Secretary to the Ministry of Public Enterprise Development Ravindra Hewawitharana, Chairman of the National Agency for Public Private Partnership Thilan Wijesinghe, Chairman of Sri Lankan Airlines Ajith Dias, Senior Advisor to the Ministry of Finance and Mass Media Mano Tittawella, and Director of the Central Bank of Sri Lanka and Ministry of Public Enterprise Development Dr. Roshan Perera were the members of the State Officials Committee which was headed by Secretary to the Ministry of Finance and Mass Media R.H.S. Samaratunga.

The committee was expected to compile a preliminary report by December, 2017 as the entire way forward for the airline had to be implemented on or before 31 March, 2018.

In November, 2017, Nyras Consulting Company, a British firm, was hired by the Government to advise it on initiating a restructuring programme and securing an investor for the loss making national carrier.

They presented their preliminary report in December, 2017 outlining the broad framework for restructuring.

The consultants outlined a restructuring programme under five broad areas – managing the right size and type of aircraft fleet, debt restructuring, tax concessions, and network rationalising and fuel price – to restructure and improve its financial position.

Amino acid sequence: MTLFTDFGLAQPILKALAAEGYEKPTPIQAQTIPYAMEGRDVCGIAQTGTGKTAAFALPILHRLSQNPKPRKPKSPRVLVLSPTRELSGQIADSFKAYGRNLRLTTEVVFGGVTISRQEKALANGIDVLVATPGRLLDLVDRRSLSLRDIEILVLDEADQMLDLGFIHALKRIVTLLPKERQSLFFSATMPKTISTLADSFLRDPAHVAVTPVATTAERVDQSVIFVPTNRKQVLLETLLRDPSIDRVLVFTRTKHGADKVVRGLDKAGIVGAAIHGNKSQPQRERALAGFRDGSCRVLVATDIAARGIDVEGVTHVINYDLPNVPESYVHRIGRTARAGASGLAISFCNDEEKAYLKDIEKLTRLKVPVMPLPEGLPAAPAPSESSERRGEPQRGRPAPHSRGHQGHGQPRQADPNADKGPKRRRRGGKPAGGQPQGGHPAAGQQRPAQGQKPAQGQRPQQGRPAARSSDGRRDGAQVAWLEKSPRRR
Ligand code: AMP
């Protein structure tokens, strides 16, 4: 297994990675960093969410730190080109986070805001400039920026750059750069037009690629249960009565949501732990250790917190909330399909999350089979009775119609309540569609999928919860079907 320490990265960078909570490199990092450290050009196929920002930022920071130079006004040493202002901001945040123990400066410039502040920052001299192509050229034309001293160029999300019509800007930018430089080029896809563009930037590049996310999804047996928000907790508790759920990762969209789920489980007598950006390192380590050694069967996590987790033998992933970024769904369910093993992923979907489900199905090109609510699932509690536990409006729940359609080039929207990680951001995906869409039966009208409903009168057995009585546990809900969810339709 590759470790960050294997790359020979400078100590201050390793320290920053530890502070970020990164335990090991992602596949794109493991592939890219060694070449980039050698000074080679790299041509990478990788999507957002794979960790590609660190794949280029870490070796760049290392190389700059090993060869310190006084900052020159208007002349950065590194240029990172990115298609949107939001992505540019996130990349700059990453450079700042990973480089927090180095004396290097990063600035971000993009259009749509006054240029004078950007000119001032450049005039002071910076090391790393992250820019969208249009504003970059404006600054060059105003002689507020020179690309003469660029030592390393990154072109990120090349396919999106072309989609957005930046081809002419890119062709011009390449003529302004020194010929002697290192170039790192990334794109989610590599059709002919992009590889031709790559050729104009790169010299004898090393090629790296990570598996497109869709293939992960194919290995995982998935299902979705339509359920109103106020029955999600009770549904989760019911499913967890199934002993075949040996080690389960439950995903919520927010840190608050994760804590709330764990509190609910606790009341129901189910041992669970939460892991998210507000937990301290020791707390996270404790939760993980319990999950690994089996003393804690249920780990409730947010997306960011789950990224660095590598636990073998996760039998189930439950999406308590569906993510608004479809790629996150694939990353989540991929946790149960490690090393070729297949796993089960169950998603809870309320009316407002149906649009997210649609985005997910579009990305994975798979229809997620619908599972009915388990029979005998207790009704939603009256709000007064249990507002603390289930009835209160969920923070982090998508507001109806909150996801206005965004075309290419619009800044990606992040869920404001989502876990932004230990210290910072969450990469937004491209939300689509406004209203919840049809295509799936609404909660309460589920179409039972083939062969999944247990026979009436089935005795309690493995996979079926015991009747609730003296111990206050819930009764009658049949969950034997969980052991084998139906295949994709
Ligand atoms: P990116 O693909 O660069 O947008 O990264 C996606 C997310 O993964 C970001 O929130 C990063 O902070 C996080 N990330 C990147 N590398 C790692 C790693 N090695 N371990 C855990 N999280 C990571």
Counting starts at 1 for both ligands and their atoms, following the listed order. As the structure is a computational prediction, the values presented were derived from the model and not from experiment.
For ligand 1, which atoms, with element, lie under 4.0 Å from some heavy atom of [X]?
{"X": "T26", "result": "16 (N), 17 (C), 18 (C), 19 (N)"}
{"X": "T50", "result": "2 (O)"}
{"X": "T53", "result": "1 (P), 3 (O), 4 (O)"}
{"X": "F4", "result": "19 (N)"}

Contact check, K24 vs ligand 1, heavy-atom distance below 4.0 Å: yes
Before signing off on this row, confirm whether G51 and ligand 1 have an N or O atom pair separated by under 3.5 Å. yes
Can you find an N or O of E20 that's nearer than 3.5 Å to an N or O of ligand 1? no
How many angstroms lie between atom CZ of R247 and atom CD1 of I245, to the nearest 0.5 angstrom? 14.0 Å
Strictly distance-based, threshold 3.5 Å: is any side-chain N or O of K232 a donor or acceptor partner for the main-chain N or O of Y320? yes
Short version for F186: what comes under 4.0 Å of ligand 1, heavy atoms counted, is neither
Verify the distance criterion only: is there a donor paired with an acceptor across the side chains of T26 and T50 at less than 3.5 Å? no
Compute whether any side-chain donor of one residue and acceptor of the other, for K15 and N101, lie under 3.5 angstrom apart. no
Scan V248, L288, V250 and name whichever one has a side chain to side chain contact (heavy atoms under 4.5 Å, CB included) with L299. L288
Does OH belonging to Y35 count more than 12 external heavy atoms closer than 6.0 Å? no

SriLankan Airlines continuously recorded losses since 2009 and recorded an annual loss of $ 181.2 million for the financial year ending March, 2017 compared to the previous year’s $ 78 million, according to a statement issued by the airline.

In February, 2018, President Sirisena appointed a five-member Presidential Commission of Inquiry (PCoI) to investigate allegations of fraud and corruption at SriLankan Airlines, SriLankan Catering (Pvt.) Ltd. and Mihin Lanka.

Court of Appeal Judge Gamini Rohan Amarasekara, Retired High Court Judge Piyasena Ranasinghe, Retired Deputy Auditor General Mallawa Arachchige Don Anthony Harald, and the Director General of the Sri Lanka Accounting and Auditing Standards Monitoring Board Wasantha Jayaseeli Kapugama were appointed members of the commission while Retired Supreme Court Judge Anil Gunarathna was appointed Head of the commission.

The commission investigated irregularities that took place between 1 January, 2006 and 1 January, 2018 and so far revealed numerous irregularities that took place during the period.

Procurement guidelines violated

According to the Additional Solicitor General Neil Unamboowe, the investigations carried out so far have uncovered that SriLankan Airlines made a loss of Rs. 143 billion from 2006 to 2018 and Rs. 167 billion in liabilities while Mihin Lanka had made a loss of Rs. 17 billion with liabilities of over Rs. 10 billion.